I've always read/heard that context switching is expensive. I recently started reading Robert Love's "Linux Kernel Development" and have made it through the Processes and Process Scheduling chapter. This gave me some insight into the cost of context switching between different processes and threads (as threads are treated as processes). I wanted to scratch this itch to really understand the cost of context switching, ideally in rough terms of number of instructions and time lost.

For simplicity's sake, let's assume a single core processor that's running two processes with equal niceness weighting (proc1 and proc2). Also, let's assume targeted latency is 20ms, therefore, each process is scheduled for 10ms. When a context_switch occurs, I'm assuming that while context_switch happens, proc1 is suspended. At this point, proc2 is suspended as well? So does this mean that the active process is some kernel thread or process? And if that's the case, does this mean both proc1 and proc2 are unable to get 10ms of runtime within the targeted_latency? E.g. (numbers are just for demonstration):


            2ms of kernel executing context_switch()

And if this is what happens, does context_switch() from one process to another ultimately call context_switch() twice? Once to go from proc1 to kernel thread, then another to go from kernel thread to proc2?

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    it helps if you momentatrily take a step back from your concept of "process" and ask yourself "what is the CPU doing?"; you'll find that you can quite clearly pinpoint what happens (a timer goes off, an interrupt fires, the interrupt handling happens in kernel memory space, and then the kernel chooses which memory tables to load and what to jump to) Dec 12, 2021 at 2:04
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    with other words, don't think of software doing something, being the actor – just think of the CPU fetching and executing instructions, which do things to the state. The software is being executed, it's not "executing" itself. Then you'll see that hey, the CPU at some point gets an address from proc1's code loaded into its program counter register, and executes what is there, until something interrupts that – either a syscall "software interrupt", or some hardware interrupt, a timer, a netwokr card, a storage device, USB... Dec 12, 2021 at 2:06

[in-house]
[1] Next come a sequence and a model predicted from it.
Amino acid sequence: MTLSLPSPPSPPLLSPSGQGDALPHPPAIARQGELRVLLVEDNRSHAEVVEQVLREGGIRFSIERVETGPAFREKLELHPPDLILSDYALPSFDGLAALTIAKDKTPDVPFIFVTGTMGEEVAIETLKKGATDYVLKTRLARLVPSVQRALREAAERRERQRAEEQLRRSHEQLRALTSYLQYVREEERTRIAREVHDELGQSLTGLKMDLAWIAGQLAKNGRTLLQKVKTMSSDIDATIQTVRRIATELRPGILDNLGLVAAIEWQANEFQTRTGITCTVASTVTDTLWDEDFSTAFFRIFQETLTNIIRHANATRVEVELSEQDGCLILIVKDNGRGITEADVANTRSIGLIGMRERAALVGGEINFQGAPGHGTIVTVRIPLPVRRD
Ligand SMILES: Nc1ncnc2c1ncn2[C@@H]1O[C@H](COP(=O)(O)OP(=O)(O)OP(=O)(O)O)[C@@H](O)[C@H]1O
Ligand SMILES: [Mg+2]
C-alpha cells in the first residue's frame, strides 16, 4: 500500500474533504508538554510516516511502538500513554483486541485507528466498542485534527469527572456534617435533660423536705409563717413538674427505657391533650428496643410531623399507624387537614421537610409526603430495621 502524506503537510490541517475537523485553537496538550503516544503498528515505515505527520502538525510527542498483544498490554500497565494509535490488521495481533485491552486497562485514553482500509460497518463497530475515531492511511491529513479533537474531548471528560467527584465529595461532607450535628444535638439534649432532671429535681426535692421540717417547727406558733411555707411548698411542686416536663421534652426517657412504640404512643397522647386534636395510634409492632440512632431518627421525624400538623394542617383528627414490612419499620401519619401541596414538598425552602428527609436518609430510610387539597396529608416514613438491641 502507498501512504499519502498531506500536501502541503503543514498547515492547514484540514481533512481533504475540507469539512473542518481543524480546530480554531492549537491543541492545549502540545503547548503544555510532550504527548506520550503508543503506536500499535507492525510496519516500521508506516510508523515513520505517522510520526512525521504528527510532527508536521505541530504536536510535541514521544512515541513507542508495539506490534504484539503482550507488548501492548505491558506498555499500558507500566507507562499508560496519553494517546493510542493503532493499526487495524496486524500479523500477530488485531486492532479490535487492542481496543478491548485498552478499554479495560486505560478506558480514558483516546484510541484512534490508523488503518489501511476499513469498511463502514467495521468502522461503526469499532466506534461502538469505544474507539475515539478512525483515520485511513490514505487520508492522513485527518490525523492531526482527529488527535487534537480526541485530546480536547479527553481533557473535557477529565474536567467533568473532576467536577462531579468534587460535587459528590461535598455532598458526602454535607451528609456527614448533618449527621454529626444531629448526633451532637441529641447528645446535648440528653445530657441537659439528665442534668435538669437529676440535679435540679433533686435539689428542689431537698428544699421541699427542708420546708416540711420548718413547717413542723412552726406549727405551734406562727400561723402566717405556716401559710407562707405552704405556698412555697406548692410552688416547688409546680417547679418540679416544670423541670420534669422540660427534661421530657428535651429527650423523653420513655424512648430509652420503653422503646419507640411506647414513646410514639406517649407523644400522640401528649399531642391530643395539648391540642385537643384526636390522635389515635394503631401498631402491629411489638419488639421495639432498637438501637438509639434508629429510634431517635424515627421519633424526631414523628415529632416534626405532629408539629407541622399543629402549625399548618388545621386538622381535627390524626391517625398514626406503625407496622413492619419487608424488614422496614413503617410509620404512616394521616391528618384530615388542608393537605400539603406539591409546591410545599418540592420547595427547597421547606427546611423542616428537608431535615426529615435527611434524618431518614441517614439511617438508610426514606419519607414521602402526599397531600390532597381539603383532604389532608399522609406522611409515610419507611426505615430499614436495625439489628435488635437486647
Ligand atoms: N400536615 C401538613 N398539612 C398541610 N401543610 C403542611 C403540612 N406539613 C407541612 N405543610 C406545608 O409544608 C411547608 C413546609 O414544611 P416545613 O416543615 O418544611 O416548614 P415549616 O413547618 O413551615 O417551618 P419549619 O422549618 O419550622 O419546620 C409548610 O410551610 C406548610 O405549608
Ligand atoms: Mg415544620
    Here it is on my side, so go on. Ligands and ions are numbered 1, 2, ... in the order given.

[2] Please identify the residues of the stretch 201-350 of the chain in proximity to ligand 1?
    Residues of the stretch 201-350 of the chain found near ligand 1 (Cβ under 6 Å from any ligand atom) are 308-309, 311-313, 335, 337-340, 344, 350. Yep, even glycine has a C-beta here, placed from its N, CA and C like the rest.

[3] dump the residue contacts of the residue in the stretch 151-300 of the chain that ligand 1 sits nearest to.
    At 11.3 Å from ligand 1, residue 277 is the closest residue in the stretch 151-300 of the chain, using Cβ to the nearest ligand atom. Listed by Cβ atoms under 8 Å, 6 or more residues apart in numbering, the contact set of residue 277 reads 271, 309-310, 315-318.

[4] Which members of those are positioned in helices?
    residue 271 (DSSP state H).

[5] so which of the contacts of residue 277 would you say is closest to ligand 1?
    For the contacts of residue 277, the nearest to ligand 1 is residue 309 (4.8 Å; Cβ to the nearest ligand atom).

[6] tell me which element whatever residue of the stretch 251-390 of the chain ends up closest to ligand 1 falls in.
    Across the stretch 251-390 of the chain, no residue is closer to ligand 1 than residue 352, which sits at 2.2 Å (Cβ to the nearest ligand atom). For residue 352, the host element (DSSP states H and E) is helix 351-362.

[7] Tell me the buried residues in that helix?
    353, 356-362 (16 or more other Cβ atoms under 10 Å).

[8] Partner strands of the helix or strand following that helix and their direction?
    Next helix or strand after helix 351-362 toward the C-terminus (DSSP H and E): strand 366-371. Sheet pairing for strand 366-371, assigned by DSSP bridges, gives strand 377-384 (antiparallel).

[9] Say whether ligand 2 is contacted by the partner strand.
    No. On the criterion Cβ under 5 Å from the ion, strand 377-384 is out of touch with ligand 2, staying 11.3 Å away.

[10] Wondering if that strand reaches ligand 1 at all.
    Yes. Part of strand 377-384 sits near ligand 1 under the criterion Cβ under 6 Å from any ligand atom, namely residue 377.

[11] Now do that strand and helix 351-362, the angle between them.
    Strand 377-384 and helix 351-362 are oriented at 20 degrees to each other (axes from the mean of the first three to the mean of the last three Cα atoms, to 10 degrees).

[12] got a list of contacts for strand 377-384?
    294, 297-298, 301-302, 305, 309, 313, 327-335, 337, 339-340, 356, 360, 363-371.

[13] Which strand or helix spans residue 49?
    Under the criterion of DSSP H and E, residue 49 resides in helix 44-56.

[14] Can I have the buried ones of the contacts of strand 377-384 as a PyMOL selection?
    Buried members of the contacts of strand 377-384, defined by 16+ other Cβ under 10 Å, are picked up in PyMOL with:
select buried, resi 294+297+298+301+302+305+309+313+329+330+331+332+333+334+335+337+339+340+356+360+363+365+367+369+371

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    The concept of "active thread" makes no sense at that point. Dec 12, 2021 at 2:09

1 Answer 1


There are as many answers to this as there are operating system versions. No single answer covers everything.

Basically, the cost of context switching is the cost of saving all of the cpu state relating to the process context, and then loading in the context of a new process.

What exactly is saved is highly dependent on not just the operating system but the cpu hardware itself. For example, processors like the Intel cpus have lots of registers that have to be saved somewhere and then reloaded with the other process's context, while the sparc cpu keeps most of its context including all cpu registers on the stack, so a context switch is a matter if just moving the stack pointer to a different register window.

On the other hand, most modern cpus have some of their state in cpu cache memory, and while this is not typically swapped during a context switch, use of memory can cause cache lines to be unloaded and reloaded as the new process executes, so that when switching back to the previous process, its cache lines may need to be reloaded. While this isn't a direct cost of context switching, it still is there.

There are many other resources in the cpu that need to be switched, such as page maps, permission bits, etc., and the list is different on each cpu model and handled differently by each operating system.

You reference processes vs. threads. At one time, there were vast differences between them, and threads had much less context that needed switching. Then threads as light weight processes were created, so now there is very little difference, and processes are nearly as light as threads were.

Also, modern cpus are designed for multitasking operating systems and include features that try to lighten the cost of context switches. But even when context switches were more expensive, there were many mitigations for this. For instance, some unixes had real time features in their schedule that differentiated between an interactive process, which needs to do computing in short bursts and then wait for user interaction, vs. pure computation threads with minimal I/O interaction. In these two cases, the scheduler can give the interactive thread very short scheduling intervals that get high priority, while giving the computational process longer intervals with lower priority and fewer context switches to lower the overhead.

So modern operating systems mostly don't use fixed length scheduling intervals, because this can't adapt to workloads. And there is a mix of cooperative multitasking (where a process can relinquish its time slice early) and time based forced context switches.

Some cpus even support scheduling at different rates on different cores, so you could have an interactive core with short time slices and a computation driven core with longer time slices.

This is the tip of the complexity of this topic, with more than 50 years of research and development to optimize it for many different work loads and hardware capabilities. Entire books have been written on this topic, a short answer here can only gloss through the details.

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